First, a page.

Bode Miller has nothing to be ashamed of and neither does Christin Cooper, the NBC reporter who asked repeated questions about the Olympic skier’s late brother. It’s okay for a grown man to cry, and it’s okay for the rest of us to watch it, too.
Since Sunday, columnists and the general public have lambasted NBC and Cooper for showing insensitivity in an interview of Miller after he won the bronze medal in the super-G. I watched the interview from a dual perspective, as a woman who lost her brother and as a journalist who has interviewed countless people after the death of a sibling, a parent, or a child.
The author skiing with her brother in Utah, 1983
I intended not to join the fray and write about the controversy over Miller’s interview and how far a reporter should go in probing someone’s grief. But this week, my late brother Kevin is particularly on my mind. Tonight, I will mark the 28th anniversary of his death at my temple and say the Kaddish, the mourner’s prayer in his memory. Tonight, I will remember the brother with whom I used to snowski and waterski, a brother who would have loved watching Bode Miller race down that mountain on slalom skis, a brother who would have relished the daredevil traits of Chelone Miller, a snowboarder who died at age 29 after a seizure.
For many years after my brother’s death, I was ashamed to show much emotion. He died at age 23 after falling asleep at the wheel on a road trip from California to his home in Colorado. After college, Kevin moved out to Colorado because he loved to ski. He was just two years older than I. I had hoped to live in Colorado, too, so we both could share our passion for skiing and so that one day, our children could grow up together. Kevin was my best friend, the fun-loving guy I would willingly follow down nearly any ski hill, even a slope called the Jaws of the Death because the moguls were nearly as big as we were. He was the friend, too, who would I chat with every week about anything. At his funeral, I could not stop the tears that turned into loud, raucous sobs. And I was ashamed. It took years before I realized I never should have been embarrassed. It took years to understand that letting those tears run was a part of healing, an intensely human way of showing love and sorrow.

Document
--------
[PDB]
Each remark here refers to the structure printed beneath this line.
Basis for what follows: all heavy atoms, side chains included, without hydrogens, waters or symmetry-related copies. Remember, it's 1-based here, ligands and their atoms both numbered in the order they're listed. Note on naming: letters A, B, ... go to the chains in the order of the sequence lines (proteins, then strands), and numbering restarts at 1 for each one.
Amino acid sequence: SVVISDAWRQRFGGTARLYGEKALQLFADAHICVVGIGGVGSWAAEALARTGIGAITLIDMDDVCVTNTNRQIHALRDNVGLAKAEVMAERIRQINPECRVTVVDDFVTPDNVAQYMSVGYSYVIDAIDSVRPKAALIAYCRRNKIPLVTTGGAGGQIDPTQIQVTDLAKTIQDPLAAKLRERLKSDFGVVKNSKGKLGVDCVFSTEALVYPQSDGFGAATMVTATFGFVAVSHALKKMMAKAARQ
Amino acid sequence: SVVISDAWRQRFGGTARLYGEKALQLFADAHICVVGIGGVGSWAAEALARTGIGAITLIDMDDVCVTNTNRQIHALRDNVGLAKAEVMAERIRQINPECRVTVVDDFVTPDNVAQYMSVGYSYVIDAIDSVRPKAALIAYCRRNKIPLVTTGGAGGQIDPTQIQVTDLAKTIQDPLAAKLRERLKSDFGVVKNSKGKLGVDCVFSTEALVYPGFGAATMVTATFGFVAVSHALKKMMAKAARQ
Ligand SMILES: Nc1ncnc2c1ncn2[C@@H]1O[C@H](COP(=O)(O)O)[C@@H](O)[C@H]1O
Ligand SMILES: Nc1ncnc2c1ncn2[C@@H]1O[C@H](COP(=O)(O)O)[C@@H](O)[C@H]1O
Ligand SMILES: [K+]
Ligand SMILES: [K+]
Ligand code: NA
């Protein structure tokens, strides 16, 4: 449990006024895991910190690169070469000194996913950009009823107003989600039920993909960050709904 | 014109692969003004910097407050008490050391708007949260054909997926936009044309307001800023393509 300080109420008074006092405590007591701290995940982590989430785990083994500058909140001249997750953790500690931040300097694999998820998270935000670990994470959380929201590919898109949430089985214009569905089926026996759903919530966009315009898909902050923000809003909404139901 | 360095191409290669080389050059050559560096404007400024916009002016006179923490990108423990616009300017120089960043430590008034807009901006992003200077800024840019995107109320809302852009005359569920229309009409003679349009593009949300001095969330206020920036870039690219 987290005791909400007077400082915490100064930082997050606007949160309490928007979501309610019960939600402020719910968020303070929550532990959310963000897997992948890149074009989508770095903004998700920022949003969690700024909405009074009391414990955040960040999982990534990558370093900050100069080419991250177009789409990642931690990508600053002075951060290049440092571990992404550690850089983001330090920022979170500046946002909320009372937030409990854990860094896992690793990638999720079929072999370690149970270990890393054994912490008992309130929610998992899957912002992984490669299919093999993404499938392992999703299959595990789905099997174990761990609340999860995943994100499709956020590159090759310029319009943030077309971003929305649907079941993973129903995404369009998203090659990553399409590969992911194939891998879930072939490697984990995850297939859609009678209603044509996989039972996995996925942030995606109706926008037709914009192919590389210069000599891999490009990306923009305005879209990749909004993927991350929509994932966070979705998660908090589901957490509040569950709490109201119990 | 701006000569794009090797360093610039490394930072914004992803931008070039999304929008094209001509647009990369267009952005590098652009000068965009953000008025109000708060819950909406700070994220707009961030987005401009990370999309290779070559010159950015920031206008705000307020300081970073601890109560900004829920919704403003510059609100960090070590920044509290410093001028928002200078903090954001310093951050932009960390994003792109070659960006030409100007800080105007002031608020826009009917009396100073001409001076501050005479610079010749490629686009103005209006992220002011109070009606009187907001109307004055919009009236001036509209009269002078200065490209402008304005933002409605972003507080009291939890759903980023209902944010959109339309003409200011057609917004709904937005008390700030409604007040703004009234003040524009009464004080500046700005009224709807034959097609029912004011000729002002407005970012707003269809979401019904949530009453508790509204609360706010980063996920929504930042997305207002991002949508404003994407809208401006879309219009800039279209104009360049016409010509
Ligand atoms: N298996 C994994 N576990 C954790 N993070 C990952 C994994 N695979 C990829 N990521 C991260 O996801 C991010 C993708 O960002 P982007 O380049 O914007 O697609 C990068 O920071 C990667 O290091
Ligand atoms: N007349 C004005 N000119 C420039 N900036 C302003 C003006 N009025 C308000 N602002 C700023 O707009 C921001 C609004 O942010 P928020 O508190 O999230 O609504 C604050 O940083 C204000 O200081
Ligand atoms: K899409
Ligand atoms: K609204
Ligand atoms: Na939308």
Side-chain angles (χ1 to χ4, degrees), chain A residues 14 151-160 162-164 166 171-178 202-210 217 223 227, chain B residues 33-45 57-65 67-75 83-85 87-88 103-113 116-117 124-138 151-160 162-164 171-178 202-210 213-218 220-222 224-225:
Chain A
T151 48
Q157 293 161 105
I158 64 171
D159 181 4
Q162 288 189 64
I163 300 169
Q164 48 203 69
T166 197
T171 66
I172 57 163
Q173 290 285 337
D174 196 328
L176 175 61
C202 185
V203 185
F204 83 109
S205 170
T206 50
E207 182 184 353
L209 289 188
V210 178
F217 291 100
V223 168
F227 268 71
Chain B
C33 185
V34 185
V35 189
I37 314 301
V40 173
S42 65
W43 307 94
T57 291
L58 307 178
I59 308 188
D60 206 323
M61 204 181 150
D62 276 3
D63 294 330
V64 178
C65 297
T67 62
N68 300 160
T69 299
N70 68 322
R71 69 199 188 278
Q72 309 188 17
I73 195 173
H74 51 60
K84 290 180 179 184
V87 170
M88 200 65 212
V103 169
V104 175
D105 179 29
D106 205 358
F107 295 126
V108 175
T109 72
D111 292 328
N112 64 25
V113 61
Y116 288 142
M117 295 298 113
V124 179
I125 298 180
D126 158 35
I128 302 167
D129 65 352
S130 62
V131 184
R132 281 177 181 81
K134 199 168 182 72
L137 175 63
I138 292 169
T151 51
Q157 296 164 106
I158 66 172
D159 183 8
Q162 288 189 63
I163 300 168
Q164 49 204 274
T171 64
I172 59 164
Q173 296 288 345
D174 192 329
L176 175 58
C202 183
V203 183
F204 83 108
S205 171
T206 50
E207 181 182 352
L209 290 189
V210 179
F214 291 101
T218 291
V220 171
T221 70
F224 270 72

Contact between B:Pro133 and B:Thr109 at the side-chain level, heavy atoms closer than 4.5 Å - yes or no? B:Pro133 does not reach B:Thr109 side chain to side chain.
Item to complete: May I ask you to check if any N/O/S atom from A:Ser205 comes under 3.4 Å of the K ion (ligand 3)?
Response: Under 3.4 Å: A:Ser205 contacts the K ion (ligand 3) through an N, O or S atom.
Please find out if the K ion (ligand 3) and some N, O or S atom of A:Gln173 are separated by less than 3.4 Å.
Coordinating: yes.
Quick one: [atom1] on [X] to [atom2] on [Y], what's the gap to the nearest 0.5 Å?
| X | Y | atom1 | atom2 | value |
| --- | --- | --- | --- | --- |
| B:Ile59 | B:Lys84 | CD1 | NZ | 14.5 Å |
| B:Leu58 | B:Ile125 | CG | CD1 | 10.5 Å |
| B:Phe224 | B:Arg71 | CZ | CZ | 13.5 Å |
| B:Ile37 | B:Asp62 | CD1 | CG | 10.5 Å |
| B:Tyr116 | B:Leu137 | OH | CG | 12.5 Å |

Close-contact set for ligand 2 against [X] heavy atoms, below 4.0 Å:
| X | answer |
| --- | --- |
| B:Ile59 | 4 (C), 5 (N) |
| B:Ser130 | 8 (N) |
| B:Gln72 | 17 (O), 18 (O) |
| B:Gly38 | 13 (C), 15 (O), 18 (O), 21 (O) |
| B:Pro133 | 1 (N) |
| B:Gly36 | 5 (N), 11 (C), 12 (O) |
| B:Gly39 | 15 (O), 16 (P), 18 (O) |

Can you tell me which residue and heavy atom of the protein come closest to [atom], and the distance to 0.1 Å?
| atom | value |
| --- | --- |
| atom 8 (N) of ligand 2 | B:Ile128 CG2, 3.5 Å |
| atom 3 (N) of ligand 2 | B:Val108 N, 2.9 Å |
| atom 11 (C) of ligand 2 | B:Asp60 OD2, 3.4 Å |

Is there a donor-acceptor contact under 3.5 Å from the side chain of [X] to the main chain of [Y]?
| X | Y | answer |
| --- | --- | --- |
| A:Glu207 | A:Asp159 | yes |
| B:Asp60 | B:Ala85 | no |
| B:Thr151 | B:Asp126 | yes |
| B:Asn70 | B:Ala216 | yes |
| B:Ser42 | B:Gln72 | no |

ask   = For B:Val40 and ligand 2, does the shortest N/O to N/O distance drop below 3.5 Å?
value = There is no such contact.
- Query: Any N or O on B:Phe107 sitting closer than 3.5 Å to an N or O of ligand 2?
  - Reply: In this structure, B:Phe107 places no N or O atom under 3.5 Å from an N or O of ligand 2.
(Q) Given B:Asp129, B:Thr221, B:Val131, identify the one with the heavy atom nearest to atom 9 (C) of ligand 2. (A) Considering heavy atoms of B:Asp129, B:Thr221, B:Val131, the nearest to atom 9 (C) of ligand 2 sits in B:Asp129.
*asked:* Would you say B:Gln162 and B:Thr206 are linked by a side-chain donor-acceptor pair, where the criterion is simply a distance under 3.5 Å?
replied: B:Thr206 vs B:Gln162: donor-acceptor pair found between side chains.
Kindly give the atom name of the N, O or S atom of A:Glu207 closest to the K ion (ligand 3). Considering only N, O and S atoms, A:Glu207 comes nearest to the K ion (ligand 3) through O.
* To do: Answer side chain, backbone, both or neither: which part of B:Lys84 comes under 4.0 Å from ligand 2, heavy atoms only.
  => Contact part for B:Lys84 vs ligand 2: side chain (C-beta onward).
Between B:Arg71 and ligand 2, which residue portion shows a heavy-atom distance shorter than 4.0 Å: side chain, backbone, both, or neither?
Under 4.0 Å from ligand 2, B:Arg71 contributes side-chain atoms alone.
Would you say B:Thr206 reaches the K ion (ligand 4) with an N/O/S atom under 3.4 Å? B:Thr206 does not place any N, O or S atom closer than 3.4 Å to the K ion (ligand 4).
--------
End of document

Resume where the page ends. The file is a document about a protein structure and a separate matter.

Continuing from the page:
In his New York Times article on Feb. 17, Richard Sandomir writes how the skier “was holding up, but tears had started to trickle down Miller’s face,” as Cooper continued to question him about his feelings about his brother. “He was being a stand-up guy, even if he was being pulled through a wringer,” Sandomir continues and says that Cooper should have stopped the interview then. “If you’ve made a medal winner cry, it is time to simply say ‘thank you’ and move on,” he adds.
Why did Miller have to hold up? What’s wrong with a few tears? Those were natural, honest tears. He wasn’t being a stand-up guy. He was being himself, and in his own comments about the interview with Cooper, Miller notes that it was a emotional time. The bigger problem with the Cooper/Miller controversy seems to be our own discomfort with a public show of grief. Miller showed his humanity and his strength. It doesn’t matter whether he skied that run for his brother or for himself. He was doing what all of us have to figure out to do when we lose someone, putting one foot in front of the other. His brother died last April. Not even a year has passed.
I look back to my own loss. It took three years before I found solid footing. I quit a few jobs in my early 20s, unable to cope with the first, and then the second, anniversary of my brother’s death. In those early years, I was doing my best to be the “stand-up guy” and not show the emotion ripping me apart inside. I was trying to be stoic. I bought into the inane societal idea that it is somehow brave not to cry.
As a newspaper reporter, I on occasion had to cover murders and accidents and interview families of the victims. I remember my hesitation about knocking on the door of a family whose 16-year-old son had been killed on his doorstep as he came home from Bible study. The teen, who was not a gang member, was caught in random gunfire between gangs. His mother was a secretary at a high school, and I had seen her in passing before. She welcomed me into her home because she wanted to talk about her son. I sat with her and her daughter and let them talk and wipe away tears. I struggled to hold my own tears inside. In my case, there was no camera.
Sure, there were times when people would shut the door in my face, and I respected that. But when they were willing, I did my job, and my job was to tell their story. It was Christin Cooper’s job to tell Bode’s. Maybe NBC should have pulled the camera away sooner, but I don’t regret that the world got to see how much Bode Miller loved and missed his little brother. His show of grief likely will help other grieving brothers and sisters with sorrow much more raw than mine. At the very least, Bode Miller showed all of us that sometimes, you just have to cry.